4. Text substitutes for commonly used ports and masks
        5. Generic format of extended access lists
      3. More on matching
        1. Good numbering practices
      4. Building and maintaining access lists
        1. Risks of deleting access lists as an update technique
        2. Displaying access lists
        3. Storing and saving configurations
        4. Using the implicit deny for ease of maintenance
      5. Named access lists
    4. 3. Implementing Security Policies
      1. Router resource control
        1. Controlling login mode
          1. Router login permission
          2. Addresses reachable from the router
        2. Restricting SNMP access
        3. The default access list for router resources
      2. Packet filtering and firewalls
        1. A simple example of securing a web server
        2. Adding more access to the web server
        3. Allowing FTP access to other hosts
        4. Allowing FTP access to the server
        5. Passive mode FTP
        6. Allowing DNS access
        7. Preventing abuse from the server
        8. Direction of packet flow and extended access lists
        9. Using the established keyword to optimize performance
        10. Exploring the inbound access list
          1. Implementing a policy with inbound access lists
          2. Implementing the same policy with outbound access lists
          3. Comparing the inbound and outbound access list implementations
          4. Using inbound access lists to prevent IP address spoofing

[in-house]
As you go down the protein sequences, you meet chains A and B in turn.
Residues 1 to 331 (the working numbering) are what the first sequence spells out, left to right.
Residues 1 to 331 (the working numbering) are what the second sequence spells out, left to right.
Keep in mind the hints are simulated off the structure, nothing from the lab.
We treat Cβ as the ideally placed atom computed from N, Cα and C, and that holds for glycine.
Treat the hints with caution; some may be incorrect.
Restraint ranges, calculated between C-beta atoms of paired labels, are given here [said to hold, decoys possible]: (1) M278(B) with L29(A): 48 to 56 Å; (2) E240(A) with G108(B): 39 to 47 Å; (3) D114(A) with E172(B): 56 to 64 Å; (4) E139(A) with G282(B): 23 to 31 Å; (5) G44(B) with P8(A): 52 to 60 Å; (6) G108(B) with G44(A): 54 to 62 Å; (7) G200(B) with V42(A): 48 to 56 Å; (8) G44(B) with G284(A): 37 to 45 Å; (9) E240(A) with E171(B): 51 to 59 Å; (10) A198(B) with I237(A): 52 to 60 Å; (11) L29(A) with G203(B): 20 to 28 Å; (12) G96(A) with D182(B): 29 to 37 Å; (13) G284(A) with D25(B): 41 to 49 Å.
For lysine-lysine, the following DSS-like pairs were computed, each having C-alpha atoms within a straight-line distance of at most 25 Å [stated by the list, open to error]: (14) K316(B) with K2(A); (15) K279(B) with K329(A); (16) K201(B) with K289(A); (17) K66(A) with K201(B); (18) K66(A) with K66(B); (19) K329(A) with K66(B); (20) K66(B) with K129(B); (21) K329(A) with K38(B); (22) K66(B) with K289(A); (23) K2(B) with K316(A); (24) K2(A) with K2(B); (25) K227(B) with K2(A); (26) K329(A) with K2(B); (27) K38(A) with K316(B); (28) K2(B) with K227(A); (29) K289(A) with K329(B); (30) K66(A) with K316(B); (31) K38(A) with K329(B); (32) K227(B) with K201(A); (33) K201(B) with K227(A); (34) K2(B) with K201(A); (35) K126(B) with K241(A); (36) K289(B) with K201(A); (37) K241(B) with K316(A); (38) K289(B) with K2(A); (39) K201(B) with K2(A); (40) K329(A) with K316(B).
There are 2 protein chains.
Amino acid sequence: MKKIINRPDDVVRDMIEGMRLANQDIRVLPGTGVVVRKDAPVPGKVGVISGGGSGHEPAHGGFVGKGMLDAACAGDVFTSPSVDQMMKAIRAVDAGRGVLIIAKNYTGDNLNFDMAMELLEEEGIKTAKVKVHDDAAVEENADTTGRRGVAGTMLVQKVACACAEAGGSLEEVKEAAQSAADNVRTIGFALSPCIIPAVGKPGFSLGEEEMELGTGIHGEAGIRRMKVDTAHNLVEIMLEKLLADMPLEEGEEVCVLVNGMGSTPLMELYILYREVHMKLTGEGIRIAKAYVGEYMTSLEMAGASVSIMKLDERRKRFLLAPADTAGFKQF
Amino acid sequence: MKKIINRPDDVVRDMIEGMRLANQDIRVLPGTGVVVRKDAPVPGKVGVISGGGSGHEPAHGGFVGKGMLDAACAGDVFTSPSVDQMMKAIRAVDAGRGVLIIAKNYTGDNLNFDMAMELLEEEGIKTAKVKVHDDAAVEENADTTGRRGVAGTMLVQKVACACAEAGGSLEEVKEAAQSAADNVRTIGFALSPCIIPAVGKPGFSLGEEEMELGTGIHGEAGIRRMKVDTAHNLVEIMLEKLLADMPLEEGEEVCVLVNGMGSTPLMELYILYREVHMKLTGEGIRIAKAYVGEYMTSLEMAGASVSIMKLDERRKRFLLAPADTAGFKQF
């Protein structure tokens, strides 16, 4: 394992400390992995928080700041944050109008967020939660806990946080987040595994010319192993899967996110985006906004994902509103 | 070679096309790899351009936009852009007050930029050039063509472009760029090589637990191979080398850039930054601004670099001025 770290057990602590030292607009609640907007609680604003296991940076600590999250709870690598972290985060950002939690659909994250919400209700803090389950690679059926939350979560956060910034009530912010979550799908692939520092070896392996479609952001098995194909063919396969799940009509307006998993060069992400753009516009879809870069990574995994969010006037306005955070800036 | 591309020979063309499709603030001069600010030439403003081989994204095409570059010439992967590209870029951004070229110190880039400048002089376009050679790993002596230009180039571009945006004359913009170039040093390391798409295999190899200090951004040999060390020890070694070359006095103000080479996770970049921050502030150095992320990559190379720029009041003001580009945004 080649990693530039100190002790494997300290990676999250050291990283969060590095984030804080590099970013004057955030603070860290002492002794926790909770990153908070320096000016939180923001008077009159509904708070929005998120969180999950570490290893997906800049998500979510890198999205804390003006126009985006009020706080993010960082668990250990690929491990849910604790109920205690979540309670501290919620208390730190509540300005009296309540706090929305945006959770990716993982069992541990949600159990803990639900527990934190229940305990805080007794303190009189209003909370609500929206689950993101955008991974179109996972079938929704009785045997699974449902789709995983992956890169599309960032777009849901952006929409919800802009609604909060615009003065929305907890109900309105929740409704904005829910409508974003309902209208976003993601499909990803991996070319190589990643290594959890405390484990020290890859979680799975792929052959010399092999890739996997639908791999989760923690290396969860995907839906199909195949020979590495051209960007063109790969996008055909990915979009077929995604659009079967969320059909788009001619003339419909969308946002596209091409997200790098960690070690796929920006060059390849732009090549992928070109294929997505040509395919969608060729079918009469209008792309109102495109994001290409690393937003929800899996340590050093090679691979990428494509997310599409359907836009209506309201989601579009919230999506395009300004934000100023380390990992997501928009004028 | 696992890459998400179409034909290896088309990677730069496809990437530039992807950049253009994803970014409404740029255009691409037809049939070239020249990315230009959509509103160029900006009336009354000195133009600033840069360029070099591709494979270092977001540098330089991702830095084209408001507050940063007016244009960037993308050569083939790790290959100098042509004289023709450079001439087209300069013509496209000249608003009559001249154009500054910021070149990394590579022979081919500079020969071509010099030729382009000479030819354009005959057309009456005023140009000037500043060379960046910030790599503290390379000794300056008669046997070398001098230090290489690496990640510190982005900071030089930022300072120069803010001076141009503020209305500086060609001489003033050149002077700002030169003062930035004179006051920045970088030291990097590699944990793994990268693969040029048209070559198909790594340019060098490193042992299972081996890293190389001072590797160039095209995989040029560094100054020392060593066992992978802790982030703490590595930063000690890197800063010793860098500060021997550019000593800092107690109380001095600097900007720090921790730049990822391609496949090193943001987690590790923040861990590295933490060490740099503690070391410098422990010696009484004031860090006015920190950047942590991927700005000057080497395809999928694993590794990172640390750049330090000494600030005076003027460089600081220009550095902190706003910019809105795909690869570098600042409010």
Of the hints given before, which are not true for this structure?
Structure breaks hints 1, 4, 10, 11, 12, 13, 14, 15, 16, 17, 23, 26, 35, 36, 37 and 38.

5. Making routing protocols go through an inbound access list
        11. Session filtering using reflexive access lists
        12. An expanded example of packet filtering
          1. Defining what access lists are necessary
          2. Optimizing the order of access list entries
      3. Alternatives to access lists
        1. Routing to the null interface
        2. Stopping directed broadcasts
        3. Removing router resources
    5. 4. Implementing Routing Policies
      1. Fundamentals of route filtering
        1. Routing information flow
        2. Elements in a routing update
        3. Network robustness
          1. Static routes do not scale
          2. Implementing network robustness through route filtering
        4. Business drivers and route preferences
      2. Implementing routing modularity
        1. Minimizing the impact of local routing errors
        2. Managing routing updates to stub networks
        3. Redistributing routing information between routing protocols
        4. Minimizing routing updates to stub networks using default networks
        5. Filtering routes distributed between routing processes
      3. Implementing route preferences
        1. Eliminating undesired routes
        2. Route preferences through offset-list
          1. Limitations of using distribute-list for preferring routes
          2. Using offset-list statements to prefer routes
          3. Selecting metric offsets
        3. Route preferences through administrative distance
      4. Alternatives to access lists